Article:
Whilst most food and drinks are remembered just by their taste, there are also some that have become memorable for their appearance, specifically their shape. For instance, when you think of Coca-Cola, the image of its iconic contour bottle probably comes to mind, while you may recall the triangular shape of chocolate bars when you hear Toblerone. These shapes have become so closely associated with their respective brands that they have become recognisable symbols and registered trademarks.
Trademarking food shapes is not a new practice, and many companies have used this strategy to protect their brand identity, enhance recognition, and gain a competitive advantage in the market. Let’s explore some of the most iconic trademarks for food shapes.
Starting off with one of our examples above, Coca-Cola is one of the most iconic beverages in the world, and its trademarked bottle is just as recognisable.
The Coca-Cola bottle design, patented on November 16, 1915, remains easily identifiable today as one of the first examples of a beverage company using distinctive packaging to differentiate itself in the market. The original patent is now showcased at the National Archives Museum in Washington, D.C., where visitors can appreciate the iconic design that has helped to shape the brand’s identity for over a century.
The iconic shape was first introduced the following year after its patent was granted. This was a strategic move after warnings that Coke’s original straight-sided bottle was being confused for copycats. The Coca-Cola contour bottle is said to have been inspired by the shape of a cocoa pod, and was meant to be distinctive enough to stand out from other soda bottles on store shelves.
Toblerone is a Swiss chocolate bar that was first produced in 1908 in Bern, Switzerland by Theodor Tobler and his cousin Emil Baumann. The name Toblerone is a portmanteau of Tobler’s surname and “torrone,” the Italian word for honey and almond nougat.
What sets Toblerone apart from other chocolate bars, aside from its taste, is its unique shape. Each bar is made up of a series of triangular peaks, resembling a mountain range, which is said to have been inspired by the Matterhorn mountain in the Swiss Alps.
The chocolate bar Toblerone has been successful in trademarking its triangular shape. It was decided that the triangular shape of the chocolate bar alone is distinctive enough to identify it as a Toblerone.
However, there have been legal challenges to Toblerone’s trademark. In 2017, Poundland claimed that Toblerone’s shape was no longer distinctive enough to be a valid trademark, in legal documents defending its right to launch a chocolate bar.
In 1956, Procter & Gamble’s food scientists embarked on a mission to create the ultimate potato chip. For years, customers had complained about the greasy, broken, and stale chips, and the company wanted to produce a chip that was crisp and crunchy, non-greasy, and could withstand the rigours of packaging.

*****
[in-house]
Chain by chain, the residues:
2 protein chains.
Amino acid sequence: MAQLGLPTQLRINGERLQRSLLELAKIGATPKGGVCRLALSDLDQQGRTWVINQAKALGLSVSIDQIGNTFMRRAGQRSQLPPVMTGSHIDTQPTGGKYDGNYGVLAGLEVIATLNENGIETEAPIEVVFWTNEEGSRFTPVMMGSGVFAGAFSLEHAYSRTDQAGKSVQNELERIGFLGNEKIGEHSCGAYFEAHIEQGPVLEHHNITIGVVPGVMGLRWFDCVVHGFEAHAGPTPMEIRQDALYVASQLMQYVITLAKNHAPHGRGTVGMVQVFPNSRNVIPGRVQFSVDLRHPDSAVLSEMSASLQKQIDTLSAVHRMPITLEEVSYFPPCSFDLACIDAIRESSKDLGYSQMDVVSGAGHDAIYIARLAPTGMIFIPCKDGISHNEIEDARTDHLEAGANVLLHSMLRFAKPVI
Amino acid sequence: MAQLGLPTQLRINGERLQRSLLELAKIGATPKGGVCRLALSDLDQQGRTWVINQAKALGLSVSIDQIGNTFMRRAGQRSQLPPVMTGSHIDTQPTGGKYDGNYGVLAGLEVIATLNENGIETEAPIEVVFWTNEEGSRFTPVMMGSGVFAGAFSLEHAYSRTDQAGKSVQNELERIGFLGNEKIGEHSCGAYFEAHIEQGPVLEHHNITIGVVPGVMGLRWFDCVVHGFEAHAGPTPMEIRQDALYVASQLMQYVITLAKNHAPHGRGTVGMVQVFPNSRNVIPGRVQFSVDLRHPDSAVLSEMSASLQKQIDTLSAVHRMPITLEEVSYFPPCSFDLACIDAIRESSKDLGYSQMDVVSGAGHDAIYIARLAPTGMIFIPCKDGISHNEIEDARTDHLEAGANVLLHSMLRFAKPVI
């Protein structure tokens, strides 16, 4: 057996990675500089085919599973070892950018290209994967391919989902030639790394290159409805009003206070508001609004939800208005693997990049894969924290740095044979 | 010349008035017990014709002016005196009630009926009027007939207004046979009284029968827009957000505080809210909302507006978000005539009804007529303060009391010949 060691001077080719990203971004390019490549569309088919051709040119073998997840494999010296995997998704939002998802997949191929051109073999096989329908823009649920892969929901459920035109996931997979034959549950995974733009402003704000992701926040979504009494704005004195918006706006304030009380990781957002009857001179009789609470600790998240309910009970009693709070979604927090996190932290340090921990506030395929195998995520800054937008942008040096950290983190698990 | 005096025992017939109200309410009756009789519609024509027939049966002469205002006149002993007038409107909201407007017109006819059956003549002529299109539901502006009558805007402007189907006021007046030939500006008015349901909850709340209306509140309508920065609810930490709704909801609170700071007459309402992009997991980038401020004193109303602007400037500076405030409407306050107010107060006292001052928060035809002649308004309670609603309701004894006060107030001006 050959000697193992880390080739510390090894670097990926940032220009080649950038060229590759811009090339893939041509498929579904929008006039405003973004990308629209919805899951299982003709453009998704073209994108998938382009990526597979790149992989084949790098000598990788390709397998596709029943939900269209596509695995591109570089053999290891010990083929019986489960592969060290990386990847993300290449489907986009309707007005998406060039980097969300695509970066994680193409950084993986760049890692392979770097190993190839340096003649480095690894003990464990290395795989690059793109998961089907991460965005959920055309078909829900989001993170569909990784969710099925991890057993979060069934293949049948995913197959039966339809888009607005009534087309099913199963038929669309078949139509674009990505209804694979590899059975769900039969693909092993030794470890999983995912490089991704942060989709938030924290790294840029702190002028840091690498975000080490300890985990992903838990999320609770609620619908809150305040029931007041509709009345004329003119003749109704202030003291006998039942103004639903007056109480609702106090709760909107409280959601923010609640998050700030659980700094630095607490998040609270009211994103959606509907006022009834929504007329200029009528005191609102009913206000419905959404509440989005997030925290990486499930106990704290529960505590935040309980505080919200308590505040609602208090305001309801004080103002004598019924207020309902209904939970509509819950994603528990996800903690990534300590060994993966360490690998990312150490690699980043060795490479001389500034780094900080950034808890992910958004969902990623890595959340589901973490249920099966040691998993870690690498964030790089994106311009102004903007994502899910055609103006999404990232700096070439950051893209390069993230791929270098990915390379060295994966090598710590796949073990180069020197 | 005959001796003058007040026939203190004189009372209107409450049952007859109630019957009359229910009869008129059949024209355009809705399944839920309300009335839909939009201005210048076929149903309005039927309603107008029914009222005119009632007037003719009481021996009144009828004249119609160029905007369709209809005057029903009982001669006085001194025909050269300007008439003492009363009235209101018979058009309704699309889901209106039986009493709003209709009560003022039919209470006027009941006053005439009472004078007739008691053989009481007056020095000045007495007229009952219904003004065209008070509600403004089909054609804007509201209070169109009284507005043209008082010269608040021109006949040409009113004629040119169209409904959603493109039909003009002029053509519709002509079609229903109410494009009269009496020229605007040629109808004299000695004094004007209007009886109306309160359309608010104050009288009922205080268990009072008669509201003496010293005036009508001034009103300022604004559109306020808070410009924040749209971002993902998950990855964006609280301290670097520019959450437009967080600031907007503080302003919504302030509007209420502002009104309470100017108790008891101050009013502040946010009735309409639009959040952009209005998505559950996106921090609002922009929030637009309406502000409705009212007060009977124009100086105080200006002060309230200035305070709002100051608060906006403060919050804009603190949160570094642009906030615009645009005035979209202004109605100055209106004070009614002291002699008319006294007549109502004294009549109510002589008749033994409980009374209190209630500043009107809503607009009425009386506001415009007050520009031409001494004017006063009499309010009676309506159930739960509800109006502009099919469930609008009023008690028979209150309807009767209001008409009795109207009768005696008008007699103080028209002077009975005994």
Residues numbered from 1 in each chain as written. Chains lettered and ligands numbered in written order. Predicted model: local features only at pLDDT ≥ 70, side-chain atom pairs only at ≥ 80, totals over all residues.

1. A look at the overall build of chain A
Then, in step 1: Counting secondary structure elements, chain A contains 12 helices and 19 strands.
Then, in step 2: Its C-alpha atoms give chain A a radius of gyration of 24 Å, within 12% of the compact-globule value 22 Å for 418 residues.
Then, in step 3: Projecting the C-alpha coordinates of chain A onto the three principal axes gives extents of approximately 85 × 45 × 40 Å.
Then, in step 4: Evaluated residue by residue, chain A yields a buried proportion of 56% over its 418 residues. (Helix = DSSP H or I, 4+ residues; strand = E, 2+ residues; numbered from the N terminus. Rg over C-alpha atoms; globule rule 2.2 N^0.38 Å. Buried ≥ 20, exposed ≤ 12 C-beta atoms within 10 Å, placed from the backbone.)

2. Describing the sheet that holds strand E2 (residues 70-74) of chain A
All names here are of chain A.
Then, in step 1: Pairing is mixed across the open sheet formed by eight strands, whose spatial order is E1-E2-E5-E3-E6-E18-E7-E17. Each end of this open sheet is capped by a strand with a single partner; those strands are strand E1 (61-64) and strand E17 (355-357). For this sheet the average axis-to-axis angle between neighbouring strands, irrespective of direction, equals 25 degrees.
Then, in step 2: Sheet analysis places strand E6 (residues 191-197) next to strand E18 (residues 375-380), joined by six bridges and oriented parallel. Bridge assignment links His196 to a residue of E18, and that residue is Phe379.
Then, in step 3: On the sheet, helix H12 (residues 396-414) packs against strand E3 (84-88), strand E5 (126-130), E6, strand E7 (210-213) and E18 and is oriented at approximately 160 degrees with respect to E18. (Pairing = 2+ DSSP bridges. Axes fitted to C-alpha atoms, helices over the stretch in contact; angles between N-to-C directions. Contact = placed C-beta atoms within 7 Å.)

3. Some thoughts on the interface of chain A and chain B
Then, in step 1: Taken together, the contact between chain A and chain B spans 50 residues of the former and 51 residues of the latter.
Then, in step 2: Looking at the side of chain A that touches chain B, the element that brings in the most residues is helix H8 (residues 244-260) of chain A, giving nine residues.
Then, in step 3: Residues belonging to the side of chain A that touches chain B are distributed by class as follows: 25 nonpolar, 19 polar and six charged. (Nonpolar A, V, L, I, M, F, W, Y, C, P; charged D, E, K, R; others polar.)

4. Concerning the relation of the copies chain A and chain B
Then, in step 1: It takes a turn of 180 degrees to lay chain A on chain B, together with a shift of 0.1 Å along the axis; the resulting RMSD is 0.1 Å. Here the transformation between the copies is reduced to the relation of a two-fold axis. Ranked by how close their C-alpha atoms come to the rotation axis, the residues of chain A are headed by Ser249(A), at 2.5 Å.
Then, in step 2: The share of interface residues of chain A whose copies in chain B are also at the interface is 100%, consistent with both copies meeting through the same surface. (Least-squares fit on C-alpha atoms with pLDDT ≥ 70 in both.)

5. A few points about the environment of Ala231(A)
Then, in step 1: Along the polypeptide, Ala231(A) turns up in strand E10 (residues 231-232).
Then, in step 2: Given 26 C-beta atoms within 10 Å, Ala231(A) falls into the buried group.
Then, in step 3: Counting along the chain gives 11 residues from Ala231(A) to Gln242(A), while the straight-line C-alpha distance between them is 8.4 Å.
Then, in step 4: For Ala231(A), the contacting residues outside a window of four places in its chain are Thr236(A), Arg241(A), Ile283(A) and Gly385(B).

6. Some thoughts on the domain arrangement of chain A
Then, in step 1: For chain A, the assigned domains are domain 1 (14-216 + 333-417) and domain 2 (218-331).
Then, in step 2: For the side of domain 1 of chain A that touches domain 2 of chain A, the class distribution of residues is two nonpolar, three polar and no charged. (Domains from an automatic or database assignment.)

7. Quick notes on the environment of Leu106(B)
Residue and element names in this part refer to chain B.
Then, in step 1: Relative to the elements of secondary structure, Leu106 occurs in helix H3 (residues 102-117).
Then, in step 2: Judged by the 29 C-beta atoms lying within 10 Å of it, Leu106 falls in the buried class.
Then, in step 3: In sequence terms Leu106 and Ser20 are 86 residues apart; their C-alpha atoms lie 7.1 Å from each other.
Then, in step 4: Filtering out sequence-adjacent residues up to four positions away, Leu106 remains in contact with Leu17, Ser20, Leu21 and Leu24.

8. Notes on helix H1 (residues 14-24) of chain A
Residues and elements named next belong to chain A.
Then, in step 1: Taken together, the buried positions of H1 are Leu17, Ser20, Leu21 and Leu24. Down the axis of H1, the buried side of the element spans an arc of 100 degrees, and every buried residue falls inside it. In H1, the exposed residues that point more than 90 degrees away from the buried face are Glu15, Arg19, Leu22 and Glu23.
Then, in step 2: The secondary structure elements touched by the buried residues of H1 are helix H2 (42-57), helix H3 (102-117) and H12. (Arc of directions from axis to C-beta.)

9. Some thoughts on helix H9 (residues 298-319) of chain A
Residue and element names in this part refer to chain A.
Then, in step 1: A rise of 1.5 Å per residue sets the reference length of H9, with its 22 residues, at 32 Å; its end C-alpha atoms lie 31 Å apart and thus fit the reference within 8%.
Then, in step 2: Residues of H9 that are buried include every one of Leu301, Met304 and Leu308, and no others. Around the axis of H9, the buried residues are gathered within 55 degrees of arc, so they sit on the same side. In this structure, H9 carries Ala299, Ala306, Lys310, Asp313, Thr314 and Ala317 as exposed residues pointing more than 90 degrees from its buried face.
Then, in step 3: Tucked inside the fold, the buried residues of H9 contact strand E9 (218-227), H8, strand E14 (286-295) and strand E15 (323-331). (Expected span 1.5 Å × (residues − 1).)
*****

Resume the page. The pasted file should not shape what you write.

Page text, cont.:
They entrusted chemist Fredric Baur with the task of not only developing the perfect chip but also designing the container that would hold it. Baur worked tirelessly for years, overcoming many challenges and setbacks, until he finally succeeded in achieving both goals.
Now, Pringles are easily remembered by its distinctive potato chips that come in a distinctive cylindrical tube. The chips themselves are curved and stack neatly on top of each other inside the tube. This unique shape has earned its trademark and is actually called a hyperbolic paraboloid, a mathematical shape that allows the chips to fit together perfectly without breaking.
The Pringles tube is also trademarked, ensuring that no other chip company can use this shape.
Hershey’s Kisses have been a beloved chocolate candy for more than a century. The unique shape of these chocolates is instantly recognisable, and Hershey’s holds registered trademarks for the foil wrapper, paper plume, and the Kisses Chocolate shape.
When Hershey’s Kisses were first introduced, the printed paper plumes prominently featured the “Hershey’s” brand name. This helped customers differentiate Hershey’s chocolates from those of its competitors, emphasising Hershey’s quality and reputation.
The addition of the “Hershey’s” paper plume to the conical foil wrapper was a game-changer for Hershey’s Kisses. This unique and eye-catching packaging proved so effective at distinguishing Hershey’s chocolates from those of its competitors that Hershey’s filed for trademark protection for the design.
The trademark, registered as Number 0186828, was granted in 1924, cementing the iconic status of the Hershey’s Kisses packaging. This trademark ensured that no other company could use the distinctive Hershey’s Kisses packaging, giving Hershey’s a competitive edge in the marketplace.